Malan’s story is rife with bad writing and a lack of imagination. The dialogue is terrible, coming across as forced and cheesy. Worse, it’s so clichéd, it’s cringe-inducing.

Then, of course, every enemy they encounter is designed to be so inferior to Parno and Dhulyn that it’s absolutely maddening. The main villain, a powerful mage, poses no threat whatsoever to them. And the mage’s guard is so distracted by his own disbelief in the heroes’ reputation that he chooses to wax on about it when he meets Parno and Dhulyn. Anyone else would be on their guard when confronting a potentially deadly opponent, even if they didn’t believe the rumors of their strength and skill, but not this guy, apparently. And considering that even top executioners were often unable to cut a condemned person’s head off in one blow, it’s not honestly all that believable that Parno could do it.

The worst part of all this is that the so-called “heroes” are basically indestructible. And the narrative beats readers over the head with this constantly, forcing them to wade through glowing praise for the supposed prowess of the pair and their organization in nearly every paragraph. All of this inevitably calls into question how the mage was able to take down Renth to begin with.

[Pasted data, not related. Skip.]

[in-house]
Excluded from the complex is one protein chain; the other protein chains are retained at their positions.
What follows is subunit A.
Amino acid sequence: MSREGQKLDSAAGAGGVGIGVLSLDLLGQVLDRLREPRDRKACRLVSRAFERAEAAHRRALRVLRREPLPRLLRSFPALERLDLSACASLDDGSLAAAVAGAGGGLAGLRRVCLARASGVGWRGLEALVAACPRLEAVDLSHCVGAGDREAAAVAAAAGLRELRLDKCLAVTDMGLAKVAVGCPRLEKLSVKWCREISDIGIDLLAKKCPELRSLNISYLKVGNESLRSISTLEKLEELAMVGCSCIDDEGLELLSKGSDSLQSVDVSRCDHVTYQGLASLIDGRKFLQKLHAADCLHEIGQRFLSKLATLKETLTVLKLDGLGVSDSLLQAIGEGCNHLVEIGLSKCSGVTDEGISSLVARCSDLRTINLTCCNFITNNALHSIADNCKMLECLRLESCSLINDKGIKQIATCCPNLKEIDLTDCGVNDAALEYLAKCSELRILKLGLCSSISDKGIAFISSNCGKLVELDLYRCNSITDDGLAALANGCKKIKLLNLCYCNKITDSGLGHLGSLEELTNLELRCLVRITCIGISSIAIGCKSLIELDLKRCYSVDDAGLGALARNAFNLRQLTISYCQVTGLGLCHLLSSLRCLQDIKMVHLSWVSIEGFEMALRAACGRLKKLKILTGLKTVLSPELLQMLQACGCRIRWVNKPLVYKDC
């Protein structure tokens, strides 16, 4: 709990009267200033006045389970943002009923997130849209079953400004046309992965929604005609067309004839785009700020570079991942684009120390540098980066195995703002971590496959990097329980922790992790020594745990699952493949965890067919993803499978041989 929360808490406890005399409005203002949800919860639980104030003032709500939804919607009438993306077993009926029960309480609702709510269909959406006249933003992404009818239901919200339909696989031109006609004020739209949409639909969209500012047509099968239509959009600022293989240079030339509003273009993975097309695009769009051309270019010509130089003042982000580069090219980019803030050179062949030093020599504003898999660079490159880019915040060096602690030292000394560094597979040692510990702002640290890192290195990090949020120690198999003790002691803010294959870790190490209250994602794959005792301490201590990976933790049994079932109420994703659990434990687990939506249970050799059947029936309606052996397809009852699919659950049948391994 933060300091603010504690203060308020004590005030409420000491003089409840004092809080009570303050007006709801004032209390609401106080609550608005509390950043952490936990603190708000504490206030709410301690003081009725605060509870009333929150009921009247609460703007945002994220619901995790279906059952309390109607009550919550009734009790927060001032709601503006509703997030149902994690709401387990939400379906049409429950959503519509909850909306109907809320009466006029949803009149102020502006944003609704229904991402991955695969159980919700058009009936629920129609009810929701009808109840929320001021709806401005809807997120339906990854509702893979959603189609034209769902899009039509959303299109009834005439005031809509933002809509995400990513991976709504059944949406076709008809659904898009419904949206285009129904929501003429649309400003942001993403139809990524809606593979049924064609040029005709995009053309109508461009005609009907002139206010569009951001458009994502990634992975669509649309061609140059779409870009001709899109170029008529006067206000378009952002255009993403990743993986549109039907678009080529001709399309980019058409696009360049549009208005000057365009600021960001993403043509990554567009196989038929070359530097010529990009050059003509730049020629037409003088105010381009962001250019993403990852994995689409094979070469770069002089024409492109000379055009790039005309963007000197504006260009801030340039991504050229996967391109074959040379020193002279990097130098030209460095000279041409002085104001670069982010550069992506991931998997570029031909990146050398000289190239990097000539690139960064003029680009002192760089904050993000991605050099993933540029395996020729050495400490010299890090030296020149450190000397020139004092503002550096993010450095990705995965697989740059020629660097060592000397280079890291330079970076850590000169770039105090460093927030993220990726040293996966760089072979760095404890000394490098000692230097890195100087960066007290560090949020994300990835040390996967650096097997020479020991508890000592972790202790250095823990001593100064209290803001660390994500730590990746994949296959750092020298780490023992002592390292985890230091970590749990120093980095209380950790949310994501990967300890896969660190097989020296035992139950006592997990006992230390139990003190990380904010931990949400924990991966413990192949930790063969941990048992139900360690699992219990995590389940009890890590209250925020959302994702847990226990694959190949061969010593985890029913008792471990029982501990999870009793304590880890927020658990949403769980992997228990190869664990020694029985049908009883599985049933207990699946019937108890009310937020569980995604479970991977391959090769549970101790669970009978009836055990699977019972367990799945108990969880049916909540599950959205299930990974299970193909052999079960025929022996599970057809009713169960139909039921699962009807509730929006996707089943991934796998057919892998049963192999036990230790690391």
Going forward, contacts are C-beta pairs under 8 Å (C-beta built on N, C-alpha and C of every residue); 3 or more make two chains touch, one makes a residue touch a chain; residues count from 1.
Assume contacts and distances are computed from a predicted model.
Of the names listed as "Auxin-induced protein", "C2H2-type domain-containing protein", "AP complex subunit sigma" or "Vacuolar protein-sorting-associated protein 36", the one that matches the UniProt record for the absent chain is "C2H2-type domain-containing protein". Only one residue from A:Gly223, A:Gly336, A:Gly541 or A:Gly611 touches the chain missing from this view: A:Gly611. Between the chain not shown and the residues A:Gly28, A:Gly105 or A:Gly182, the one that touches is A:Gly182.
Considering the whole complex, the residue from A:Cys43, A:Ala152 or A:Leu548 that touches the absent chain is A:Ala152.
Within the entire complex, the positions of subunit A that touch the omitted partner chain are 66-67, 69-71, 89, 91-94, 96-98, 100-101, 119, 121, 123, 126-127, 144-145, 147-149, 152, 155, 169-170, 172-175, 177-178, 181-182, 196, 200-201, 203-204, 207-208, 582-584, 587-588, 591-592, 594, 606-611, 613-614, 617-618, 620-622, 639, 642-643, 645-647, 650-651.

There is absolutely nothing at all believable about any of the characters or the events they encounter, including the method by which the so-called heroes determine where the mage may be hiding. It is, in fact, the poorest example of tavern storytelling I’ve ever read in a tale and I find it highly unlikely that it would have elicited the information they were seeking as it did.

To top it off, there’s the poorly executed use of deus ex machina in the form of Tuluaran, a device best avoided in most instances. It’s just clumsy writing.

I could go on but it’s far simpler to say that this entire story is a hot mess and a complete miss.

“The Second Death of Hanuvar” by Howard Andrew Jones

Just a few months ago, the city of Volanus was destroyed by the Dervani. Jerissa, a member of an elite fighting force called the Eltyr, and a few of her fellow soldiers were among those captured in the city’s fall and sent as slaves to train in a Dervani gladiatorial school. But as the city of Hidestrus prepares for a festival to celebrate the victory over Volanus featuring a gladiatorial reenactment of the battle, Hanuvar, thought killed in Volanus, returns to free his Eltyr. But as they make their plans, a threat grows in the shadows. Some will stop at nothing to bring a dark goddess back to the world, and they require the deaths of the Eltyr to do just that.